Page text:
Lenten Reflection for the Wednesday of the Fourth Week of Lent
Reading 1IS 49:8-15, Responsorial Psalm PS 145:8-9, 13CD-14, 17-18, Gospel JN 5:17-30
In the first reading from Isiah, God promises a covenant to the people that will restore the land. In issuing this covenant, The Lord does not simply wave a magic wand and transform evil into good. If someone wants to be saved, God gives instructions that must be obeyed.
For example, God commands ” the prisoners: Come out!/ To those in darkness: Show yourselves!” First people must listen and obey God’s call to step out of the darkness into the light of truth, step away from their old ways and start on the spiritual journey. Once they have chosen the path, the Lord will have pity on them.
As the Lord leads them on the road of salvation, He will supply their need for food and water, cut paths through the mountains and make level the highway.The fact that the God of the entire universe takes time to comfort His people and show mercy to the afflicted should entice heaven and earth to break out in song.
As is typical, Zion does the opposite: they complain. It is a complaint voiced repeatedly by all followers of God, time and time again “The LORD has forsaken me;/ my Lord has forgotten me.” Rather than getting angry, God must once again reassure His people with the famous words which we repeat in songs and hymns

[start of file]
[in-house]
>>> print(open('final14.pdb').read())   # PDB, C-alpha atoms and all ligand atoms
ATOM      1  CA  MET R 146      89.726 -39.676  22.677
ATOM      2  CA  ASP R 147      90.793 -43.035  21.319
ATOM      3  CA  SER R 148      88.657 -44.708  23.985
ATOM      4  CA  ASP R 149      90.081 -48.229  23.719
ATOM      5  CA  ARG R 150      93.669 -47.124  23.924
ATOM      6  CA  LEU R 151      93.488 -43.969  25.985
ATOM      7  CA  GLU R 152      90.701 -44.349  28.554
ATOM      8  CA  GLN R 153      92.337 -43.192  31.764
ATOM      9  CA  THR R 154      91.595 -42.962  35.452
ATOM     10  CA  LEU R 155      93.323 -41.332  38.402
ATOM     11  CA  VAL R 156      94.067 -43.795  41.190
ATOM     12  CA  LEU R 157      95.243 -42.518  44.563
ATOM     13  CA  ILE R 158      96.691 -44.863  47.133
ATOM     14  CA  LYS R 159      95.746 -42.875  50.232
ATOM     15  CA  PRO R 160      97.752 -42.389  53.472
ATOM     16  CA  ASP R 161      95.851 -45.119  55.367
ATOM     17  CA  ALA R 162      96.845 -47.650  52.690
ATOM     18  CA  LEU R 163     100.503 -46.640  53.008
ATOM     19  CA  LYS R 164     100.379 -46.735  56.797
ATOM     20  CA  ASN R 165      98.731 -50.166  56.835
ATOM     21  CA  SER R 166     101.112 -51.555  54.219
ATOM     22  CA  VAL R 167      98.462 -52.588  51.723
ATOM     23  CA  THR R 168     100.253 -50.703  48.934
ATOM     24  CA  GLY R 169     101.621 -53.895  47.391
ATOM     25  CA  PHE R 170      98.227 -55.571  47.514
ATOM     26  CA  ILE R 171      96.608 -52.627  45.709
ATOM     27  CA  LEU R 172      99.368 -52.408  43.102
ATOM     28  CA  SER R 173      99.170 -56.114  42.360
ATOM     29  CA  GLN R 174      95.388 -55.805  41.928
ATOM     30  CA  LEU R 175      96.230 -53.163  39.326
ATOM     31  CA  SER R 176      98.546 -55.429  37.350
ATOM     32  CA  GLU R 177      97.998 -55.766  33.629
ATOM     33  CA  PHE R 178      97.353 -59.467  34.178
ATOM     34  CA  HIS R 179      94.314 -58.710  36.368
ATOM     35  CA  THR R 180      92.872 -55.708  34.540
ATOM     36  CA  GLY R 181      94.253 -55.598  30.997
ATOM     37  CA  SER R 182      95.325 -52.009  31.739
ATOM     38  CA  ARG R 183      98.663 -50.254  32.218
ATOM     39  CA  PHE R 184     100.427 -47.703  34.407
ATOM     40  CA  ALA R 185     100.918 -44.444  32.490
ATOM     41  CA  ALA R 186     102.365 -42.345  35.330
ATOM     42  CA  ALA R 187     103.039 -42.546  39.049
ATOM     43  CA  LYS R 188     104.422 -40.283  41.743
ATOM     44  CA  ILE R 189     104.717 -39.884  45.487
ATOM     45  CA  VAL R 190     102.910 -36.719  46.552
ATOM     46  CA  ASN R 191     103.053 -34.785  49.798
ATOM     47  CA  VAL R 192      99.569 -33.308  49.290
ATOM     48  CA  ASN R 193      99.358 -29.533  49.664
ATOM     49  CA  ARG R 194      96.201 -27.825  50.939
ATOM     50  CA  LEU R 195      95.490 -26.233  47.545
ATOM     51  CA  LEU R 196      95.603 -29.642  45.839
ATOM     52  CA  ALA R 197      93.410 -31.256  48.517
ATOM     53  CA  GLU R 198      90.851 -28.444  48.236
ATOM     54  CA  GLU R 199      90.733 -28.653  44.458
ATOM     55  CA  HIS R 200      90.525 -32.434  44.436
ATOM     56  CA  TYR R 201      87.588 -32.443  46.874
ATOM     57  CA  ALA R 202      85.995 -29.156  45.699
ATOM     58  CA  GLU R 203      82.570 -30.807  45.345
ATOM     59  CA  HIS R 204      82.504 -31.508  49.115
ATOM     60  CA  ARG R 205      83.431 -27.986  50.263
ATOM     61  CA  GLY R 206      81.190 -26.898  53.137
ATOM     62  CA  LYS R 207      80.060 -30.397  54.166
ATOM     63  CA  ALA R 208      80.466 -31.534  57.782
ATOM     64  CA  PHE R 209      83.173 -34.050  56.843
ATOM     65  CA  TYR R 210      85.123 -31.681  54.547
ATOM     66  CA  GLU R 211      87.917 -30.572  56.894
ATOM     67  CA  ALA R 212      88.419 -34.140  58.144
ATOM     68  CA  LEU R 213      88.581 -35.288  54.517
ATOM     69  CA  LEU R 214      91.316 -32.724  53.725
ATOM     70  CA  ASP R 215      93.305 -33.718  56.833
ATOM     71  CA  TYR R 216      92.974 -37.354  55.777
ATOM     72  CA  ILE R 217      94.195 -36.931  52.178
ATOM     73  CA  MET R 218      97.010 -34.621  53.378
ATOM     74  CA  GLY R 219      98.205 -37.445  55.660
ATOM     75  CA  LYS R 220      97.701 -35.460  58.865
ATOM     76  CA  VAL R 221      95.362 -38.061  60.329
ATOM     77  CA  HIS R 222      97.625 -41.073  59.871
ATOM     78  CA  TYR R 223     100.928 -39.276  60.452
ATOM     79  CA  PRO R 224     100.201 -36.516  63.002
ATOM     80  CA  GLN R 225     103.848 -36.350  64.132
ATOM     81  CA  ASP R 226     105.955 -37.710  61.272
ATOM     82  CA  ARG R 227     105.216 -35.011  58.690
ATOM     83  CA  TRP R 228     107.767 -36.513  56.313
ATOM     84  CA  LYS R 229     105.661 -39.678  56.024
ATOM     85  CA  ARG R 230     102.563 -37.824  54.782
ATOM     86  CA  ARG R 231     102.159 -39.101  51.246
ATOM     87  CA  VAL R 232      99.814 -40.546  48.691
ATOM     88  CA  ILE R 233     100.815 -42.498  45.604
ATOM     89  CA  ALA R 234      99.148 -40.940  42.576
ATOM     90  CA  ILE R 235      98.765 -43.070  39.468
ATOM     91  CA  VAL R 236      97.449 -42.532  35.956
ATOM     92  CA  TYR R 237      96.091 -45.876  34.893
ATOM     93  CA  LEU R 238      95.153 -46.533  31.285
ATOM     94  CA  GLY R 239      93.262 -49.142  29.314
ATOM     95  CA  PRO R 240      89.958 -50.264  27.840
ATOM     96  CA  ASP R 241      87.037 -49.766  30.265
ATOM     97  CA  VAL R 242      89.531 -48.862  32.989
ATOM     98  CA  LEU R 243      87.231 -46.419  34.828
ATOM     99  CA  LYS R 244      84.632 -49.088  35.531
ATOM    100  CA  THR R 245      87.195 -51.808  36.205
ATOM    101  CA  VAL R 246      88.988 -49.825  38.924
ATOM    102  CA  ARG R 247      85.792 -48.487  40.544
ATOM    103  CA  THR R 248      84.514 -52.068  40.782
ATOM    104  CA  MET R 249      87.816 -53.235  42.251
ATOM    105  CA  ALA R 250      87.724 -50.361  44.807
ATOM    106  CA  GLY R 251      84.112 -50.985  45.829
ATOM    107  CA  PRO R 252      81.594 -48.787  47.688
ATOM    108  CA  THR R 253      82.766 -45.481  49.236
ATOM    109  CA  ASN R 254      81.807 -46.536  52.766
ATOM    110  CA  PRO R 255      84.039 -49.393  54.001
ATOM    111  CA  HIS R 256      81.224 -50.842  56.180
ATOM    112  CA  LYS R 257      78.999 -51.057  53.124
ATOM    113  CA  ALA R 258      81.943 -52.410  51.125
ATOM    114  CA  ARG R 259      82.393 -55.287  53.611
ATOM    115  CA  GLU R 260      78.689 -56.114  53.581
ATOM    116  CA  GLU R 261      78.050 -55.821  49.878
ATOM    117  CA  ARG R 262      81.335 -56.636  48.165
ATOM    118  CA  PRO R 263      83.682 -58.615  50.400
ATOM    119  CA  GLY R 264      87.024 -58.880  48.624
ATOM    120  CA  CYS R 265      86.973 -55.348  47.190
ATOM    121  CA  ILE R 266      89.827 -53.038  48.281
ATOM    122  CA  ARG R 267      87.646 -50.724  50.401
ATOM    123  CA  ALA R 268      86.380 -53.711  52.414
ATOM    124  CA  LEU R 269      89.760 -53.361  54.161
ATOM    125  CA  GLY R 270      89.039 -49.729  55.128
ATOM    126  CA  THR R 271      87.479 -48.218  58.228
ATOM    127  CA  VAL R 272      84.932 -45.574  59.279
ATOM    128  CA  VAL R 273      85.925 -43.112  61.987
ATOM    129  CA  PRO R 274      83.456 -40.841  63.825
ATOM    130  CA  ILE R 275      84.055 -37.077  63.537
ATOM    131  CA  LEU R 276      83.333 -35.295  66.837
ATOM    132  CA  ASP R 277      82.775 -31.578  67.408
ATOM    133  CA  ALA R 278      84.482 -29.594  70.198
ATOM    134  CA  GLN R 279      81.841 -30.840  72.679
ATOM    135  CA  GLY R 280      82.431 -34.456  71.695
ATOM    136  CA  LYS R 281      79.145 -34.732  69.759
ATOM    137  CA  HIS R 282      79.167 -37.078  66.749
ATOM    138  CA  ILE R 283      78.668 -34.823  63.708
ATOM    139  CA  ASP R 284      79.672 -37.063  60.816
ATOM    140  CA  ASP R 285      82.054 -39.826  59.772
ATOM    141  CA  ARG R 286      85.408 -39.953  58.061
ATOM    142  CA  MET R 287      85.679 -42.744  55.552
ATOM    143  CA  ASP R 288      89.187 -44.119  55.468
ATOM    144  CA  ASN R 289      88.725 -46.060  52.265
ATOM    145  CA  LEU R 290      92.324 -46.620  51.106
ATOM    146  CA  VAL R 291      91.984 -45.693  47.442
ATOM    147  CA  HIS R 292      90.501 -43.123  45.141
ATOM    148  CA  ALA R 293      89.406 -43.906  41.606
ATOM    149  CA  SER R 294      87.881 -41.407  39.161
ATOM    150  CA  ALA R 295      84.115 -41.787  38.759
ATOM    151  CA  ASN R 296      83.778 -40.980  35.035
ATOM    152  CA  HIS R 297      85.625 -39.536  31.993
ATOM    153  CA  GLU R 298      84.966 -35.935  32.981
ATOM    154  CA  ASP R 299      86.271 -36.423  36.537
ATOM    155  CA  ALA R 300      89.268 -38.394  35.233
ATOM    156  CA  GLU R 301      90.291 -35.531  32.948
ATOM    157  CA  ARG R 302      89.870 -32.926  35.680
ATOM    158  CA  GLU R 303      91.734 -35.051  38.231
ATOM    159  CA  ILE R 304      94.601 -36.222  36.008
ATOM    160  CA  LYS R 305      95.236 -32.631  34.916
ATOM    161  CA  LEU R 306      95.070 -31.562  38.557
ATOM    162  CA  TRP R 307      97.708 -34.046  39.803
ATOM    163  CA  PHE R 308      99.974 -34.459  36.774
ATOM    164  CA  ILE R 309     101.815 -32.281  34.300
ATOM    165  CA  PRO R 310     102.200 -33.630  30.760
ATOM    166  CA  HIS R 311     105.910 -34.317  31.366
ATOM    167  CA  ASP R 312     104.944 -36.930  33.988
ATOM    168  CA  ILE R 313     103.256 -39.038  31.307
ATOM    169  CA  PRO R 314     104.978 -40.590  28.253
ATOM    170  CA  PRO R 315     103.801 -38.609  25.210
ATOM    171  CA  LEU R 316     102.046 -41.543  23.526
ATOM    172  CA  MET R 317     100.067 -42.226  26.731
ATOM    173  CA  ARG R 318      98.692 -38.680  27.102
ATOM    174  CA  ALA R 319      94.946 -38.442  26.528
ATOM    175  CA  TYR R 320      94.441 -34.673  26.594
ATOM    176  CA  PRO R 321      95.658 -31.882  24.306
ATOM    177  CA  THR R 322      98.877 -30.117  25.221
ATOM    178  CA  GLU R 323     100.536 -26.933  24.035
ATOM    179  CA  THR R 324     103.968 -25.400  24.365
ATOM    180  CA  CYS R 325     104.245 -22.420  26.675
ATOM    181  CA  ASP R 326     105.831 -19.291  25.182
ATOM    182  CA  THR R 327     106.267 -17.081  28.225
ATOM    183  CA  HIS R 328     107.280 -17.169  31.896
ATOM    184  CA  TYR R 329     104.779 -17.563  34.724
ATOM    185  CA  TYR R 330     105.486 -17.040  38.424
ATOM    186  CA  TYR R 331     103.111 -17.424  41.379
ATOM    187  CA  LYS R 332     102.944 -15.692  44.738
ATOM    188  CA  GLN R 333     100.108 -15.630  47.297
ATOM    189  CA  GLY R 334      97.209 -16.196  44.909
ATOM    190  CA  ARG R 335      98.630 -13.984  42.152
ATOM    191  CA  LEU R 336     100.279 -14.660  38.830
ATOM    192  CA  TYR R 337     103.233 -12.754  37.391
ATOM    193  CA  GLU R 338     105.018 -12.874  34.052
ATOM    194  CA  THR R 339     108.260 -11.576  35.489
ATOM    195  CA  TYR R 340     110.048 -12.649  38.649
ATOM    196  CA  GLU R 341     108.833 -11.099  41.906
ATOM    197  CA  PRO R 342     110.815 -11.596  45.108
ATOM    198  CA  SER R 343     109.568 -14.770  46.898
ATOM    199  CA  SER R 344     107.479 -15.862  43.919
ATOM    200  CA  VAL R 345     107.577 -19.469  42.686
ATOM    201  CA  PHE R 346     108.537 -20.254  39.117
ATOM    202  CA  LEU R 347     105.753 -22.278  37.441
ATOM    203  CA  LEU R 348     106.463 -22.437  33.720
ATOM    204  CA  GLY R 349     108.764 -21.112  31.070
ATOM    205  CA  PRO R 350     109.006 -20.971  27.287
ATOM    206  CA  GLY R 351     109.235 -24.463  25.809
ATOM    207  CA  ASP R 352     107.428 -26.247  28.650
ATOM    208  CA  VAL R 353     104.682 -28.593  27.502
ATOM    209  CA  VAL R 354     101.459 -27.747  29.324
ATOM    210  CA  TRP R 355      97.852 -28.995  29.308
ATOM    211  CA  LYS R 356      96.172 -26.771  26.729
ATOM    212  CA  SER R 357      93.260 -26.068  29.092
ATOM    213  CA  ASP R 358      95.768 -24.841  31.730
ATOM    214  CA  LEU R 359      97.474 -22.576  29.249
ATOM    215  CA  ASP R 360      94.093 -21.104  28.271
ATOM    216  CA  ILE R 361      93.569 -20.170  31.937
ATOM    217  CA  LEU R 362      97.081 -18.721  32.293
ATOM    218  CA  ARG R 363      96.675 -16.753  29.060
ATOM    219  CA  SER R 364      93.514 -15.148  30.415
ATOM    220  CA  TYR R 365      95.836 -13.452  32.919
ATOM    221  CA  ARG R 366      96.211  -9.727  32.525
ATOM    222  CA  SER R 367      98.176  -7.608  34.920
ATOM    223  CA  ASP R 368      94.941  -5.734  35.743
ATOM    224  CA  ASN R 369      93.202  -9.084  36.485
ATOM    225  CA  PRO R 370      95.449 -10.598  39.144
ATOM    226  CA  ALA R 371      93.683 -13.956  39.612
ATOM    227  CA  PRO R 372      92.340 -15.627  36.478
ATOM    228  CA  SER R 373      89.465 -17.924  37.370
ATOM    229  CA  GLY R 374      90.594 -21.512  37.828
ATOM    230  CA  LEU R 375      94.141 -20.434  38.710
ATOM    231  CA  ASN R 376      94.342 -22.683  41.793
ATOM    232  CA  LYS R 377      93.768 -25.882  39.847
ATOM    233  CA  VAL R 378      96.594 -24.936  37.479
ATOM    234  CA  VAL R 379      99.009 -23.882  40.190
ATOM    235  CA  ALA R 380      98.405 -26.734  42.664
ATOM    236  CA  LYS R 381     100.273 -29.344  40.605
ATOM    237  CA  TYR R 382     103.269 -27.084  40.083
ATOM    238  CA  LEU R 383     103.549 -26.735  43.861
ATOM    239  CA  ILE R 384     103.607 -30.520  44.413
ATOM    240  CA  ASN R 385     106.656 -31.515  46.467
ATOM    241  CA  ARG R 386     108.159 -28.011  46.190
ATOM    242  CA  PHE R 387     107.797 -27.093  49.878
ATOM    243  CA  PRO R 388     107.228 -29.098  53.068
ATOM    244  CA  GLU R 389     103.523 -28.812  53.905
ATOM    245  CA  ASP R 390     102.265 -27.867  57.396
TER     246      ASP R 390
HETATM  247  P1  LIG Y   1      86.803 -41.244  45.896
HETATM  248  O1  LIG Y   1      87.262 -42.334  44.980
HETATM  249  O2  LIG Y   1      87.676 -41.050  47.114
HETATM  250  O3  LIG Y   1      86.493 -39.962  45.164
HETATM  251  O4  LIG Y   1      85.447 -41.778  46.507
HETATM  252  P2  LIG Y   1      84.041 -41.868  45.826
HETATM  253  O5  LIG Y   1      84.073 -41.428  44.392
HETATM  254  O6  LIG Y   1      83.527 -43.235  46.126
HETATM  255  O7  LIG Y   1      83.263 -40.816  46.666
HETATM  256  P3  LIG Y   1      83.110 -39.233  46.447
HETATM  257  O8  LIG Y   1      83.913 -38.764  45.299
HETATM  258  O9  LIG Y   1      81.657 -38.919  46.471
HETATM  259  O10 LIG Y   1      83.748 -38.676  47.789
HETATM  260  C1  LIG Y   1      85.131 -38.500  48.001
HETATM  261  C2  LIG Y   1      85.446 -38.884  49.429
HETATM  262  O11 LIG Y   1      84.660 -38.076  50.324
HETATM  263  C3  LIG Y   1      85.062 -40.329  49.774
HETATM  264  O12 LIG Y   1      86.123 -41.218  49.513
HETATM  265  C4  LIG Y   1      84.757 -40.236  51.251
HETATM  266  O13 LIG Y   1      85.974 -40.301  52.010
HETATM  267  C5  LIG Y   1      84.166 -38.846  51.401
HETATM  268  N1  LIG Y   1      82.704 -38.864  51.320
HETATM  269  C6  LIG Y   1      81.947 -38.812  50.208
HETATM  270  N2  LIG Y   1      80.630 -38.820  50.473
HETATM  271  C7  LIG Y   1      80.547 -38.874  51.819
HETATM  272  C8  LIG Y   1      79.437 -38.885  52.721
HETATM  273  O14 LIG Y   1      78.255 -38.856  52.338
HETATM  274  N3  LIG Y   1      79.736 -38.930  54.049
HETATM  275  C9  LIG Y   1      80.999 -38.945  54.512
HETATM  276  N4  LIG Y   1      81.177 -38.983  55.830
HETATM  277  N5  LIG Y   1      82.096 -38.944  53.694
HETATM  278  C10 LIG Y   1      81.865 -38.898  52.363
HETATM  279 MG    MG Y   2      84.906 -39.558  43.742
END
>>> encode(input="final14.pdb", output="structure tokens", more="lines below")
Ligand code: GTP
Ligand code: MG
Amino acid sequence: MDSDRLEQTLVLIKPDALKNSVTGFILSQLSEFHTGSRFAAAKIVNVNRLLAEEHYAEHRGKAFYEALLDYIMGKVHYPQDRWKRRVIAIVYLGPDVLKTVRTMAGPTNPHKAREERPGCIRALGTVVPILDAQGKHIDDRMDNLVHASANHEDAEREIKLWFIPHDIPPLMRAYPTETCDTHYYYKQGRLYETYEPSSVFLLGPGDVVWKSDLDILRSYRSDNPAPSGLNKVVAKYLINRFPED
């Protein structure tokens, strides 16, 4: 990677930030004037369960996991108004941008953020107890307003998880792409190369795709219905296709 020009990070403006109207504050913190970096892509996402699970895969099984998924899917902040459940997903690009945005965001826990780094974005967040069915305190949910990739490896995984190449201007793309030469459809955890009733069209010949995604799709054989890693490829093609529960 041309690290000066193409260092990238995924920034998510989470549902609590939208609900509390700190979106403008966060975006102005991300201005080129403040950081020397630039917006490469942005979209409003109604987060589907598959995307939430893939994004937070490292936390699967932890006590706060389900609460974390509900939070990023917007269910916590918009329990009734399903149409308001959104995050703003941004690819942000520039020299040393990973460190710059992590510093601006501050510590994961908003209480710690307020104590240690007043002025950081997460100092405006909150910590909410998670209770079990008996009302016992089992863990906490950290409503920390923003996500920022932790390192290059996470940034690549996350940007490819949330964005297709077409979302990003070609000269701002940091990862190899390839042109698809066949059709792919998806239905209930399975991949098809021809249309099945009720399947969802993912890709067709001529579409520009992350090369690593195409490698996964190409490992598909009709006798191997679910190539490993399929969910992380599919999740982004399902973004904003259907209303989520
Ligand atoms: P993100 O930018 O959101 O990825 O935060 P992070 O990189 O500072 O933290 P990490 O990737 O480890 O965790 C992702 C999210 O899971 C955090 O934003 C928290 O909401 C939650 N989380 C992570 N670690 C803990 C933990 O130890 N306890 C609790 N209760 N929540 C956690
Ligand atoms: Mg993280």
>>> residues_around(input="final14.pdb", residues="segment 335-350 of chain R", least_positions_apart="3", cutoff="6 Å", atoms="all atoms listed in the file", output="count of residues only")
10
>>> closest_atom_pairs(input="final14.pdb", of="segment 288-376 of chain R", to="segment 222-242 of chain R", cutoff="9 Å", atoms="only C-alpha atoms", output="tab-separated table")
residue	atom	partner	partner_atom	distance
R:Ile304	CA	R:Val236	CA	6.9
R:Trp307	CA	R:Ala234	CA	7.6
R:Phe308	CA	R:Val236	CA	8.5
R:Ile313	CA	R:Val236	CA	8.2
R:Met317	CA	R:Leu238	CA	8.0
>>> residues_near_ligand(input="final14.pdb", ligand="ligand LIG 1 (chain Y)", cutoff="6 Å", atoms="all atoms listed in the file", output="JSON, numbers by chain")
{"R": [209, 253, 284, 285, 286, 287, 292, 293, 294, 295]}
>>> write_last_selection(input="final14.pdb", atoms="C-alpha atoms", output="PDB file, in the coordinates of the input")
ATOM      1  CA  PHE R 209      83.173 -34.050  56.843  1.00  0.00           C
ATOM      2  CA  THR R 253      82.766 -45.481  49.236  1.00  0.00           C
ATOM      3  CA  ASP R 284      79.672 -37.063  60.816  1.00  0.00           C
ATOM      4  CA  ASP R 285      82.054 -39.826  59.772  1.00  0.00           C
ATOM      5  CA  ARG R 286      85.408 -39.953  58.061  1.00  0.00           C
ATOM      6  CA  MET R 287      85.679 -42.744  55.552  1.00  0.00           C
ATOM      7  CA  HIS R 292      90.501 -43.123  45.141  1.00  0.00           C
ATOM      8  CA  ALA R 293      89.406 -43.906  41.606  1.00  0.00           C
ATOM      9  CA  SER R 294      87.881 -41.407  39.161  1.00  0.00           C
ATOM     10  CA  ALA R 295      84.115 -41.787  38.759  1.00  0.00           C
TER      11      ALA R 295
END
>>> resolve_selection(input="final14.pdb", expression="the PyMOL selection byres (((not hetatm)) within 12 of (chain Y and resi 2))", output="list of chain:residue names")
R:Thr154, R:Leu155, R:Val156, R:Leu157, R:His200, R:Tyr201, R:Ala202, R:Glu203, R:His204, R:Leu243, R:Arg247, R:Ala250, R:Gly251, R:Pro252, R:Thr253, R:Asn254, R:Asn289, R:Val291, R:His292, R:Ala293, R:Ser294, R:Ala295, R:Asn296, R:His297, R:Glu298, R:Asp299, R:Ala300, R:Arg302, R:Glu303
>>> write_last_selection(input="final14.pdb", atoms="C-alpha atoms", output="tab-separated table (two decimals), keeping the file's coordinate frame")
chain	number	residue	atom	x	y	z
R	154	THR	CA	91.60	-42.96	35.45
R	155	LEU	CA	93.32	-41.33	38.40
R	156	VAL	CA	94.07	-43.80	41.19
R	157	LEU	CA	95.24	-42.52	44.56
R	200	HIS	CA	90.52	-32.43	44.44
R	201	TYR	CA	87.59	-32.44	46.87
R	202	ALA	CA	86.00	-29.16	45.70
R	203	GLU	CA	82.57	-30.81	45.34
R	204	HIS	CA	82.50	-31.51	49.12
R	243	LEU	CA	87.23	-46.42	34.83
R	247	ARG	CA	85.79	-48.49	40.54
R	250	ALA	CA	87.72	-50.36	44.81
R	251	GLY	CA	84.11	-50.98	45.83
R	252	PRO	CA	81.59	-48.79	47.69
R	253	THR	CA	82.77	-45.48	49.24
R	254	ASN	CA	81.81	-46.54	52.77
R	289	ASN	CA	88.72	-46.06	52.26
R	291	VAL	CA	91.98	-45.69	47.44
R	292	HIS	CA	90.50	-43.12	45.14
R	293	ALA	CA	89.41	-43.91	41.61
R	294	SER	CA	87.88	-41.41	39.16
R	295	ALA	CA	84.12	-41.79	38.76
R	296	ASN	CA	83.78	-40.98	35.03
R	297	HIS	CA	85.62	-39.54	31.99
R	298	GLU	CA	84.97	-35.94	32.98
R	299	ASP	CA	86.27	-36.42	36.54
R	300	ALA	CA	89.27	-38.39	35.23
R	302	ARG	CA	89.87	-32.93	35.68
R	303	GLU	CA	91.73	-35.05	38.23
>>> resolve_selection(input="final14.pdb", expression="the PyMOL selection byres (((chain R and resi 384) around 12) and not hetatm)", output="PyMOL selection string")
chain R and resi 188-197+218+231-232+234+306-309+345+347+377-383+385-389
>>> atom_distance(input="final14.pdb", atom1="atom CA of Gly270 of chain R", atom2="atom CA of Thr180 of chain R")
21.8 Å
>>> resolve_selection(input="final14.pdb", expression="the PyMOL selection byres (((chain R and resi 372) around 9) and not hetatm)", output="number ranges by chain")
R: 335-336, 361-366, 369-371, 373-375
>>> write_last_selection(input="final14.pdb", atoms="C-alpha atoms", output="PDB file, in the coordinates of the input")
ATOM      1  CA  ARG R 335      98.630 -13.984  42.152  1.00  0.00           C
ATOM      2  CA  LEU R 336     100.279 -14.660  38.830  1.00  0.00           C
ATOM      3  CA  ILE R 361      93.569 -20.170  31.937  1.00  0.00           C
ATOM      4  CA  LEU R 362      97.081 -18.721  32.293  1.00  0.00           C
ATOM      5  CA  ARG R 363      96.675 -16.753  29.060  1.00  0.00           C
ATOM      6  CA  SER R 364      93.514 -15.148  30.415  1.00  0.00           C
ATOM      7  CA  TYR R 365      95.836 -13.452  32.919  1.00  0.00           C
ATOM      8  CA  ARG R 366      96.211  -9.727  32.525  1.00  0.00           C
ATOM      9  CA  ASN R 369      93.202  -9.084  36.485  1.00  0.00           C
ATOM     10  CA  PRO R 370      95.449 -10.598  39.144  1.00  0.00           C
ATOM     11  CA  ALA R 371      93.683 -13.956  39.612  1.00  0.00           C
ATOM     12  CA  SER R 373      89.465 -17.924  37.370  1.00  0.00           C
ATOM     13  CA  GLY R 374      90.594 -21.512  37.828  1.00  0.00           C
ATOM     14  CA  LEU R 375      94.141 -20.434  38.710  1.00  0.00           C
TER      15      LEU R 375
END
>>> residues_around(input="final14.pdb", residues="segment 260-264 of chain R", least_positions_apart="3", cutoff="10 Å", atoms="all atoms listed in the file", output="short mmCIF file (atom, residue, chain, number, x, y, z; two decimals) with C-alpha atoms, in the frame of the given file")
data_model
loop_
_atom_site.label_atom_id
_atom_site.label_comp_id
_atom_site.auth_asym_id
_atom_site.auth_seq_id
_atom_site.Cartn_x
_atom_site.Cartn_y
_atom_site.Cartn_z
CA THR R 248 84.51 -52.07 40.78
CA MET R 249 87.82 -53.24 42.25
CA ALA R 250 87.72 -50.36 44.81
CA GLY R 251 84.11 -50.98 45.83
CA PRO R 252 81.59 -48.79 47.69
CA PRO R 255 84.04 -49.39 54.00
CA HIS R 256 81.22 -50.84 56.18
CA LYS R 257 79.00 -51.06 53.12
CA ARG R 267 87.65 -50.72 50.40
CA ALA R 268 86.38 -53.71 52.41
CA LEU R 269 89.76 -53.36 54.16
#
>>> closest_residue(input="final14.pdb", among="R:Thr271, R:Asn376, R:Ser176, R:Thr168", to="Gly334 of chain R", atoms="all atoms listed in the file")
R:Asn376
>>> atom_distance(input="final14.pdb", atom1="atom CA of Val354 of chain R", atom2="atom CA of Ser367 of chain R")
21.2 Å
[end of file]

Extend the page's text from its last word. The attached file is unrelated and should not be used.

“Can a mother forget her infant, be without tenderness for the child of her womb? Even should she forget, I will never forget.”
To pierce through our stubborn disbelief and entrenched fears, God compare Himself to a devoted mother who would never forget her small newborn. In the face of these last few lines from Isiah, our only response can be to join in the joyful praise of the Responsorial Psalm PS “The LORD is gracious and merciful,/slow to anger and of great kindness/.The LORD is faithful in all his words.
The Gospel reveals the irritation of those who have worldly power and authority and consequently have no need of salvation. These are the strong, proud folks who are upset with Christ, indignant that He dares to call God His Father and angry enough to try to kill Him. In the face of such outrage, Jesus remains humble and calm, yet He speaks the truth about Himself with boldness and authority. Jesus explains that He has the power and authority from God his Father to judge man.
Only those who hear the voice of Christ receive the Resurrection of life rather than condemnation. Let’s meditate on these words of Christ as we get ready to participate in the Pascal Mysteries.
6 thoughts on “To Those in Darkness: Show Yourselves”
Amen. Coming out of darkness, into the light can be a real jump of faith. We have to be willing to trust in Him, and that He has good things in store for us.
it helps to focus on the face of God and His mercy rather than on the immediate struggle to come out of our darkness
Yes, I was thinking maybe this is where icons can be helpful. Do you think so?
i never thought of that but you are right because icons are beautiful, embued with the Spirit and inspiring helping us focus on Him, not the present struggle
Melanie, you always inspire. Thank you. Let us continue our journey from darkness into light….from the cave..
I was going to mention the cave but didn’t..